Monday, February 02, 2009

Khalidi's quote that never was

Remember the case of York University’s campus newspaper, which published a short co-ed full of lies and misrepresentations?

Well, the paper issued a retraction, eventually, once realizing that the allegations in the op-ed were false. I thought at the time that the author of the co-ed was a young, hot-headed student whose emotions were much stronger than his command of the facts and who relied on quotes that never were to prove his case.

It is one thing when a rather marginal paper publishes the ramblings of an inexperienced partisan writer full of passionate intensity. It is quite a different matter when a paper like the New York Times publishes a co-ed by the famous Columbia University Professor Rashid Khalidi, which turns out to be just as full of fiction and outright lies when it comes to the Middle East conflict.

One example, brought to our attention by Z-word blog, illustrates as the power of the quote that never was:

In his conclusion, Khalidi dismissed Israel’s stated motives in Gaza and offered his own interpretation, namely that Israel is hell-bent on destroying the Palestinian people:

The war on the people of Gaza isn’t really about rockets. Nor is it about “restoring Israel’s deterrence,” as the Israeli press might have you believe. Far more revealing are the words of Moshe Yaalon, then the Israeli Defenses Forces chief of staff, in 2002: “The Palestinians must be made to understand in the deepest recesses of their consciousness that they are a defeated people.”

...According to The Committee for Accuracy in Middle East Reporting in America, Khalidi includes the same quote in his 2005 book Resurrecting Empire and he footnotes the source as a 2002 interview in Haaretz with Ari Shavit. When asked about Israel’s motives, here is what he really said:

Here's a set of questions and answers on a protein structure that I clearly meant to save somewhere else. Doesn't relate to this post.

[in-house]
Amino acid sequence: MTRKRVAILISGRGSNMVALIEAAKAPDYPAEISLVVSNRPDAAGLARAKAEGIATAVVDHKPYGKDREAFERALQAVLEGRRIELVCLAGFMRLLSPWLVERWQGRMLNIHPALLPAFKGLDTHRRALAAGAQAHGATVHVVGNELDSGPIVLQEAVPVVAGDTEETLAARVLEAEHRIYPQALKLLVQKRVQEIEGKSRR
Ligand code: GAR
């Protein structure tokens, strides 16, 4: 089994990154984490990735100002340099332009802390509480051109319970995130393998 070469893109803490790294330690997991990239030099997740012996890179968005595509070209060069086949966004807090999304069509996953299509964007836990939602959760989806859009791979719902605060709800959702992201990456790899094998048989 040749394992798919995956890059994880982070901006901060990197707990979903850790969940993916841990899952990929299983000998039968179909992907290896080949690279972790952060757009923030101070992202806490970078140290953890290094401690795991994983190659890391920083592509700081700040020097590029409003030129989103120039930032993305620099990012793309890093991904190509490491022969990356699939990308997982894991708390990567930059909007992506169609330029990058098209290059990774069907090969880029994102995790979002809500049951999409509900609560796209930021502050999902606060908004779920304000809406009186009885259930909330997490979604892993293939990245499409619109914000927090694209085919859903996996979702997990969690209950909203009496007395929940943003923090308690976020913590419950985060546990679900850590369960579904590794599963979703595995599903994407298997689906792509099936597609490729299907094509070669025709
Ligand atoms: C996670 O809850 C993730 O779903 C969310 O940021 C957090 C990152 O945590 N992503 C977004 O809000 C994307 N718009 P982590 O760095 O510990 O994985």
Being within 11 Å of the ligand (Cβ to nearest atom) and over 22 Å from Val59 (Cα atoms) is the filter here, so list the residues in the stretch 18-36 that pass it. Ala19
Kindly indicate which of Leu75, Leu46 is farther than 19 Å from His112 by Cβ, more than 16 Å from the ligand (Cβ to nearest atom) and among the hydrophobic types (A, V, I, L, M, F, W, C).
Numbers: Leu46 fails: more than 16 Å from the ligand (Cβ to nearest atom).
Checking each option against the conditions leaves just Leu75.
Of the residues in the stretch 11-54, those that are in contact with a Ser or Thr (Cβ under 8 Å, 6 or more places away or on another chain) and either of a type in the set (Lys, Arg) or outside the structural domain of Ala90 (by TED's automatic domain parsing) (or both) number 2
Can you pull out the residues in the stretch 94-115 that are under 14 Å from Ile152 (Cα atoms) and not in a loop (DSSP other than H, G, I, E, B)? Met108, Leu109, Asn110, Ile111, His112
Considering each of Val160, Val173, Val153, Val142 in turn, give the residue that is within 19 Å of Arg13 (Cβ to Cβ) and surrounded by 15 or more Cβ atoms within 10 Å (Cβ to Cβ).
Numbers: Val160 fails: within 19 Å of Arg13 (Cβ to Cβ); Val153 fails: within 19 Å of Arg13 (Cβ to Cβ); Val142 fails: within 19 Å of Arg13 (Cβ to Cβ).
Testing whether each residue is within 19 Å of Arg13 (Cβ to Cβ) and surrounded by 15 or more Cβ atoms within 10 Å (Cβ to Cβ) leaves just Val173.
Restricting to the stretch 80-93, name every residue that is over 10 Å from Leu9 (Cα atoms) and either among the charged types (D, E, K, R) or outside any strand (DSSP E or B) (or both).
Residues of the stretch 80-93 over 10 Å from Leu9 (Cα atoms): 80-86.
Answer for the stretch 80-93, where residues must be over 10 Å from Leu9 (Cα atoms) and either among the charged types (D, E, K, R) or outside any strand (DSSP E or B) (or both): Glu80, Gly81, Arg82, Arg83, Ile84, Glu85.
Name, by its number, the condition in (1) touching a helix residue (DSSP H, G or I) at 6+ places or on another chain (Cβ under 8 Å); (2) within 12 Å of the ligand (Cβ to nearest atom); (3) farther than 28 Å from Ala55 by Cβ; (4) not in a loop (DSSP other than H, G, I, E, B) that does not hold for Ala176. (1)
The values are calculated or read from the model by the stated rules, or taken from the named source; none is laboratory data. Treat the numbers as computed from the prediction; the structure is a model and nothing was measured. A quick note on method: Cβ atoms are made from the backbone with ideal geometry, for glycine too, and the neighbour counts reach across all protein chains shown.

I defined it from the beginning of the confrontation: the very deep internalization by the Palestinians that terrorism and violence will not defeat us, will not make us fold. If that deep internalization does not exist at the end of the confrontation, we will have a strategic problem with an existential threat to Israel. If that [lesson] is not burned into the Palestinian and Arab consciousness, there will be no end to their demands of us.

Yaalon is a sophisticated thinker and it is difficult to reduce him to simplistic sound bites, but in the interview he basically argues that many of the political movements which articulate the aspirations of the Palestinian people-including Fatah in 2002-have as their ultimate goal the liquidation of Israel as a Jewish state, and use terrorism as a means to weaken Israel’s resolve to fight and defend itself.

Nothing even close to Khalidi’s quotation appears in this interview.


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